The following text is written by LaDonna Heath from Historic Glimpses of Logan County, Ohio.
Logan County Historical Society/MT Publishing, 2003.
The land that John Boggs purchased in 1805 was by 1826 a desirable location for his son William. He came with his wife and child, and was accompanied by an old friend of his father who had received land from John Boggs. These men built cabins on their acquired land. Young William built a sawmill below his cabin in 1833 and by 1840 a gristmill.
In 1850, a civil engineer named Col. Andrew DeGraff came to the area when surveying for a new railroad line to connect the Boggs area to Bellefontaine. The railway was called the Bellefontaine Line (Bee Line). Mr. DeGraff and William Boggs would work together to map out and survey the town to be named for the engineer.
Purchasing some land, John Koke and Samuel Gilfillen “platted some sixty lots, one third of which were on the southeast side of the track, but Mr. Koke could not carry out his contract and it reverted back to the original owner.”
“Three years later (1853), thirty-three lots were added between Miami and Hayes streets, and in 1856 nineteen lots between Miami and Race streets were platted. In 1858, fifty-one lots were added north of Miami street, extending into Pleasant Township.”
The “Bee Line” railroad was fully operational by the early 1860s. The town was assured success even though there were many new hurdles to cross. The opportunities for the early town outweighed the negative qualities. Quincy was having some problems during this time, and DeGraff with the free investment of Boggs’ money benefited in growth.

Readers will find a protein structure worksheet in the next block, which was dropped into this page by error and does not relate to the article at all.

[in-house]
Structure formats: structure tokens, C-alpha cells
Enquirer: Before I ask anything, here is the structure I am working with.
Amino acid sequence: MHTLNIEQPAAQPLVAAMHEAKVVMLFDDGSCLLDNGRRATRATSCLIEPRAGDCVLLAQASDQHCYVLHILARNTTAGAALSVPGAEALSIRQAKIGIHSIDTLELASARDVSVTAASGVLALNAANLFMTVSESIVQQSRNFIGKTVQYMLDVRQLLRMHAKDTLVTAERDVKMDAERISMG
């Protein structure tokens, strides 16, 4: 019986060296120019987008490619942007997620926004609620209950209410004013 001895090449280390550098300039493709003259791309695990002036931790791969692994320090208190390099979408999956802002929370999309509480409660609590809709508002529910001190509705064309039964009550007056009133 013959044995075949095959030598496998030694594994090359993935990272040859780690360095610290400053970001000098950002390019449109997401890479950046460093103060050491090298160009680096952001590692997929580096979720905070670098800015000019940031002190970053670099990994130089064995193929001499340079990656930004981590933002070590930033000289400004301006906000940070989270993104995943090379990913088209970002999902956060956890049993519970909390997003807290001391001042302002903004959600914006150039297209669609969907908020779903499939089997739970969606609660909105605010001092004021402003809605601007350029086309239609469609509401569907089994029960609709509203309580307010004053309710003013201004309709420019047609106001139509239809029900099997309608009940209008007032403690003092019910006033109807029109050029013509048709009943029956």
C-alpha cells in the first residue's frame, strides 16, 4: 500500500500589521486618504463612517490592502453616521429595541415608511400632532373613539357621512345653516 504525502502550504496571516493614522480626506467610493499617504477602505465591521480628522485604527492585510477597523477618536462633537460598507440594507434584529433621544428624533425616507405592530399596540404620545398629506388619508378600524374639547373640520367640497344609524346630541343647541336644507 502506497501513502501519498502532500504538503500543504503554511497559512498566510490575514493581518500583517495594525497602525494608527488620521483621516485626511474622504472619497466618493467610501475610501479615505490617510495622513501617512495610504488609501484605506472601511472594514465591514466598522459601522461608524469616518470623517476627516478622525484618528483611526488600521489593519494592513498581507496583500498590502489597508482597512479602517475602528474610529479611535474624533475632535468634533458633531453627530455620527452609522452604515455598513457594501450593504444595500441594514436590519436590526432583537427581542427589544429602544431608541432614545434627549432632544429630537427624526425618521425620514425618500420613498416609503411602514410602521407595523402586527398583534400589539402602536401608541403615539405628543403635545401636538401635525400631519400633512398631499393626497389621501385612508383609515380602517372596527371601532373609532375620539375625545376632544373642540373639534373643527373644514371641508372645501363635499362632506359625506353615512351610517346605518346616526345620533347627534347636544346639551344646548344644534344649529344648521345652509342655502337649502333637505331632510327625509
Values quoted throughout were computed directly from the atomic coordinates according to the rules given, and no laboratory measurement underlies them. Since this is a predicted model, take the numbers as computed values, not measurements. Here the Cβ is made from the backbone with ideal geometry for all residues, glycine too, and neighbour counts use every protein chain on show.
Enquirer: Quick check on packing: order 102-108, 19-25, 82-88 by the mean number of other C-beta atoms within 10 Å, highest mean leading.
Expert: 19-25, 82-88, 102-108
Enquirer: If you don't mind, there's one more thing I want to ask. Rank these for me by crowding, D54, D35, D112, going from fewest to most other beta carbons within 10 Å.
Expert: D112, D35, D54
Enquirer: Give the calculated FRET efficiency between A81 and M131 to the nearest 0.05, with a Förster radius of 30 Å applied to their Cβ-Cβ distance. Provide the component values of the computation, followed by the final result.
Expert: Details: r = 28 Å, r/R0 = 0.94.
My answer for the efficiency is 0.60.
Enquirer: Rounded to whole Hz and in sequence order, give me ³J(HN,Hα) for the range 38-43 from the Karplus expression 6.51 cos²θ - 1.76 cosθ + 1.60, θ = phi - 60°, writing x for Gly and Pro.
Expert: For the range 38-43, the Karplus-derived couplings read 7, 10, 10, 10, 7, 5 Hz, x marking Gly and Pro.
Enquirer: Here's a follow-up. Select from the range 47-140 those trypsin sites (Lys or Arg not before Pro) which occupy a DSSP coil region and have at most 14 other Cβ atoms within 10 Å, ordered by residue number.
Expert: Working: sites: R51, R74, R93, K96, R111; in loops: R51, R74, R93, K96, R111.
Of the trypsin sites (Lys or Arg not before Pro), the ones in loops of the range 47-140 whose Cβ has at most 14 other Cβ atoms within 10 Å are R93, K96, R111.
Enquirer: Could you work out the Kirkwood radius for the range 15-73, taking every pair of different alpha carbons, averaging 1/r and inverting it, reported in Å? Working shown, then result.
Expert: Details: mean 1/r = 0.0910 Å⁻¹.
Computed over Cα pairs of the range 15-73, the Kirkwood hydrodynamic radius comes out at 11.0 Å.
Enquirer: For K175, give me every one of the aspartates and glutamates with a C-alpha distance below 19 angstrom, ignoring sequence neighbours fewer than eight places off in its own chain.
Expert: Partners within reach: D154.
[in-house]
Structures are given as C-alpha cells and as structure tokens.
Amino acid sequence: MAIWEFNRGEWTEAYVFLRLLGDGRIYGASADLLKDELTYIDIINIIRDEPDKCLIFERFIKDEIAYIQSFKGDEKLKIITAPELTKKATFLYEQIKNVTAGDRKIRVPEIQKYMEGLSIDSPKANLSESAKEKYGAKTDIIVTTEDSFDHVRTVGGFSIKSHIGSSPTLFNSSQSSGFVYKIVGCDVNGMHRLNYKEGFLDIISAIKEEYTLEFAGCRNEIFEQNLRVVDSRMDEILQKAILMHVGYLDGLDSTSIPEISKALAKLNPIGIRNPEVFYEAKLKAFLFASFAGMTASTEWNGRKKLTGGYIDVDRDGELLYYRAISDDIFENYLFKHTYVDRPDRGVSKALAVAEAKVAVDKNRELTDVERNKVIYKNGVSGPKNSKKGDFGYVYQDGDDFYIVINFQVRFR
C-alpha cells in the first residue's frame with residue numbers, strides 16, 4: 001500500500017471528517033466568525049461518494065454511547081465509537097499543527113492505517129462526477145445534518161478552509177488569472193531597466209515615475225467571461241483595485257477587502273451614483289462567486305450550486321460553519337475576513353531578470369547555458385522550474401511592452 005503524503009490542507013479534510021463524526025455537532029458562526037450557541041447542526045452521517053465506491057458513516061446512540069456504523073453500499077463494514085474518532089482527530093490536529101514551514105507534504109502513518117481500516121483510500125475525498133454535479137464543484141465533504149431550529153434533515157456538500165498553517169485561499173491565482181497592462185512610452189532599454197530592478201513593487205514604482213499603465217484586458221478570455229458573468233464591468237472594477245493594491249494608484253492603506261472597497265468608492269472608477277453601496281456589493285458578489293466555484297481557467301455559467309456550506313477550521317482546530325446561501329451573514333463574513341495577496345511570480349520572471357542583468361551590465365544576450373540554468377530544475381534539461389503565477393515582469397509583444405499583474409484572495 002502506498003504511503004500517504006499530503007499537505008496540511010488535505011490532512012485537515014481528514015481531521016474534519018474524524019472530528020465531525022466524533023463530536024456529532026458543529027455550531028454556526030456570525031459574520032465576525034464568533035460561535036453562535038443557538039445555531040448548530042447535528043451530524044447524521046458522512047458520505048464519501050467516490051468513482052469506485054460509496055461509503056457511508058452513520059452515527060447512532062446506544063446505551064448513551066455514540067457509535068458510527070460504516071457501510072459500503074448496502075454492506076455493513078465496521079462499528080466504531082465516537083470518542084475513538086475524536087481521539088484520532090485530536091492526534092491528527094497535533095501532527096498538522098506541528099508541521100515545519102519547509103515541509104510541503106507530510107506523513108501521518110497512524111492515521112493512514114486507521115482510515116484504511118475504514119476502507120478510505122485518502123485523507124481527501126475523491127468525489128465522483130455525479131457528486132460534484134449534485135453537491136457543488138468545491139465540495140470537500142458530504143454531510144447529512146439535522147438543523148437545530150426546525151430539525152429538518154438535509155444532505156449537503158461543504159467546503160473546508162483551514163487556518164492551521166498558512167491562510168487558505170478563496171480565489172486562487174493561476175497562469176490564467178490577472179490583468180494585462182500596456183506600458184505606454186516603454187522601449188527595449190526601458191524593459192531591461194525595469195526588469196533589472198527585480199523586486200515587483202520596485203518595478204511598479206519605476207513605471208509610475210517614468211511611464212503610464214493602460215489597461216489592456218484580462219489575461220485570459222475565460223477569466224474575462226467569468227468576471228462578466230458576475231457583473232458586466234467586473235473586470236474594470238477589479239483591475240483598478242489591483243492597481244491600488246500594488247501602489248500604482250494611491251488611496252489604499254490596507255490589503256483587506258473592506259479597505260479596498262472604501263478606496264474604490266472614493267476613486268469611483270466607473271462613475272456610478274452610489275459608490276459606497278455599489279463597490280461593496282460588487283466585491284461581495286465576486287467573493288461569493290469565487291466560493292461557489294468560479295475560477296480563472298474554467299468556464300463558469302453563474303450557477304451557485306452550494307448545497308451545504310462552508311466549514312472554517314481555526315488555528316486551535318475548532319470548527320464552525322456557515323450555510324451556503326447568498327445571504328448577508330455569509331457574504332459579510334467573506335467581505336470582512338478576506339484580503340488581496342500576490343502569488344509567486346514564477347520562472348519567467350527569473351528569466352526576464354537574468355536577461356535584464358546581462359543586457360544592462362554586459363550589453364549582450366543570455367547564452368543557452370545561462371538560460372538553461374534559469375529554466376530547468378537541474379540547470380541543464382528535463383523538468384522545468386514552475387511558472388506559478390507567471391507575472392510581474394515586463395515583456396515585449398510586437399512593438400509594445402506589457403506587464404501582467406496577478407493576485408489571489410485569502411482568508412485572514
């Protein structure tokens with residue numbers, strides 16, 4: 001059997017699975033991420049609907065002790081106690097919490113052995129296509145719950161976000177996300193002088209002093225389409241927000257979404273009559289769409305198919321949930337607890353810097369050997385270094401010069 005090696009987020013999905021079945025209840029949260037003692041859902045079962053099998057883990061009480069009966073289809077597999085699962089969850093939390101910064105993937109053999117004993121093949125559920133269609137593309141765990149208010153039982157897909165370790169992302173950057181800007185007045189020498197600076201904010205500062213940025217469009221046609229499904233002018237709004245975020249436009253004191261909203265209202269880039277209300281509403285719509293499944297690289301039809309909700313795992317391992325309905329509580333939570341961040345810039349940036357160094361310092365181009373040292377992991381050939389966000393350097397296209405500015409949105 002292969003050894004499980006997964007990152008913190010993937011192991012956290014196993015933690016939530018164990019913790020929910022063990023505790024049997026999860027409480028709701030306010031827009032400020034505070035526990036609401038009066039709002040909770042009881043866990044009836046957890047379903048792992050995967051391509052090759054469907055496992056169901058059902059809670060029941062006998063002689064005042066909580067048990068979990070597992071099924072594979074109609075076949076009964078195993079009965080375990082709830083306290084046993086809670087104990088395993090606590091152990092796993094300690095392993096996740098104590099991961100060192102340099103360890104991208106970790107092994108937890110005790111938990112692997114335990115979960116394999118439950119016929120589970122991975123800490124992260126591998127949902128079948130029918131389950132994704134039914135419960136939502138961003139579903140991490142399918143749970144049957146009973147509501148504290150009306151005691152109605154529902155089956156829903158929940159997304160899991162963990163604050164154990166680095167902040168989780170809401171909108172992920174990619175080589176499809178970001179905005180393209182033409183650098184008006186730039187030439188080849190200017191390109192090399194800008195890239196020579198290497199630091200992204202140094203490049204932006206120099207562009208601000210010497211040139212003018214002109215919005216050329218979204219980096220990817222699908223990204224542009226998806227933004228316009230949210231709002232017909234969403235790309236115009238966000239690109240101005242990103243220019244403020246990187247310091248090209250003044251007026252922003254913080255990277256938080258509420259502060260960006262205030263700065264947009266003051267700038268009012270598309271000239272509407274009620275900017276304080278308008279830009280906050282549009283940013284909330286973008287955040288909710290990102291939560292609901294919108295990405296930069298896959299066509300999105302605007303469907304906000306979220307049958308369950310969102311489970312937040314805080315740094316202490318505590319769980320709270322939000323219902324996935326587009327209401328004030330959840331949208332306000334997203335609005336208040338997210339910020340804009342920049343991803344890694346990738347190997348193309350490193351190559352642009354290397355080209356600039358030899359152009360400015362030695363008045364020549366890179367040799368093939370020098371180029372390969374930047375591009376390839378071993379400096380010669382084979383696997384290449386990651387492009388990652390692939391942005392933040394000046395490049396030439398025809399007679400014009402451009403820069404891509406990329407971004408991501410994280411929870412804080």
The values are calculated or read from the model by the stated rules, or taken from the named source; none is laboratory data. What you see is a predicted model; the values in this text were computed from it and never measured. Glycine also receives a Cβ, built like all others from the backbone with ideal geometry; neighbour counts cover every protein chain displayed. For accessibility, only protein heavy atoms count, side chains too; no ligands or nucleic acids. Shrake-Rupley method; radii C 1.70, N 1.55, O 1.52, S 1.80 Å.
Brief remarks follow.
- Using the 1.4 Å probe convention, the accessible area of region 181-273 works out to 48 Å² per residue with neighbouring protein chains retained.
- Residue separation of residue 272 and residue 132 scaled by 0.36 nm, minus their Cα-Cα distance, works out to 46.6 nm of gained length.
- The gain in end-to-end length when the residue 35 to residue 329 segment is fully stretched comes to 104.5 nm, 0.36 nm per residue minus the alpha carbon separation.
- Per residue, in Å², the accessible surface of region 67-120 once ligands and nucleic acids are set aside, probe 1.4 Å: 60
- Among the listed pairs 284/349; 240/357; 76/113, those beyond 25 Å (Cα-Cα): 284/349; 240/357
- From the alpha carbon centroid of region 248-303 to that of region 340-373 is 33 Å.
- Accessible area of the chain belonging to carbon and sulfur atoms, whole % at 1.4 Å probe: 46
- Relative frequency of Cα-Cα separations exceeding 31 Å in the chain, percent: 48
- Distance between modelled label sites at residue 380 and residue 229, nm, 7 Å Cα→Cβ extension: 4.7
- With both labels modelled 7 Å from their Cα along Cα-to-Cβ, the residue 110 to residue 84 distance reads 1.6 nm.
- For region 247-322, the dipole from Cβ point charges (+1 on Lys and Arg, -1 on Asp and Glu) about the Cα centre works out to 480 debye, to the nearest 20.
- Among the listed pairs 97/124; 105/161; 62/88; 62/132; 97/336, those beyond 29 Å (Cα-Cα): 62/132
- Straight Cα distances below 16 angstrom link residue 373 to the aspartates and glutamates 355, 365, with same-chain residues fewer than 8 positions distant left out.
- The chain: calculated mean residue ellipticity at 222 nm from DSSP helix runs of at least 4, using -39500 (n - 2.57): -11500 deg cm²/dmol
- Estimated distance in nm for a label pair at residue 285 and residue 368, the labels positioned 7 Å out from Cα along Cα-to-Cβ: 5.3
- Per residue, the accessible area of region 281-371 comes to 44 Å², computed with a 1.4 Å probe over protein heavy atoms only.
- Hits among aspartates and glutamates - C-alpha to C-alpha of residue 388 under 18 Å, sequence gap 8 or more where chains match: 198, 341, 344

In 1864, the village was incorporated, with A. J. Lippincott as mayor and Mathias Wolf, recorder. Aaron Mitchell (“Old Uncle Ben”) began to purchase wheat with the aid of Mr. Boggs, and DeGraff soon was one of the best markets for grain in the county.
In 1874, improved sidewalks were made to the streets. In 1877, one half of lot #20 on Main Street was bought at a cost of $500 to erect a town hall. A fine, two story brick was erected at a cost of $3,300. A hook & ladder fire truck had been purchased in 1873 at a cost of $225. DeGraff had electricity by 1893 to light the town. In 1898, the Inland Telephone Company built an exchange.
A little-know neighborhood community was located across the Bokengehalas Creek on South Main, DeGraff. Its name was Thatcherville, named because several members of the Thatcher family built their homes in this location. The Thatcher Lumber Company stood just across the creek on the west side of the road.
The town experienced serious damage, along with neighboring Quincy, when a tornado of June 8, 1872, roared through both villages, leveling nearly everything in its path. In Quincy, about 70 buildings were all or partially destroyed and one woman (Mrs. Rose Glick) later died. DeGraff lost two children (Lulu & Callie Rall) and most of the town had businesses destroyed, many beyond repair. Both towns also suffered through the 1913 Flood.
It has been very unique that two towns in one township have continued to survive when only three miles apart. During the 1800-1900s, each town has had as many as three churches. Businesses included a post office, hotels, groceries, livery stables, banks, wagon makers, blacksmiths, drug stores, newspapers, dry goods, hardwares, restaurants, and other small shops.
DeGraff had two well-known industries (Mid-States Container and DeGraff Packing companies) through the 1900s and Quincy still in 2003 has Quincy Castings. But as people are no longer dependent on the small town businesses, we see constant changes happening in these two communities.
To help secure their identity, Quincy and DeGraff have consolidated two important facilities. The first change in 1960 brought the two rival school systems together into one new district called Riverside Local Schools located west of DeGraff. The second began in 1974 when the towns secured land for a sewage treatment plant located just north of Quincy.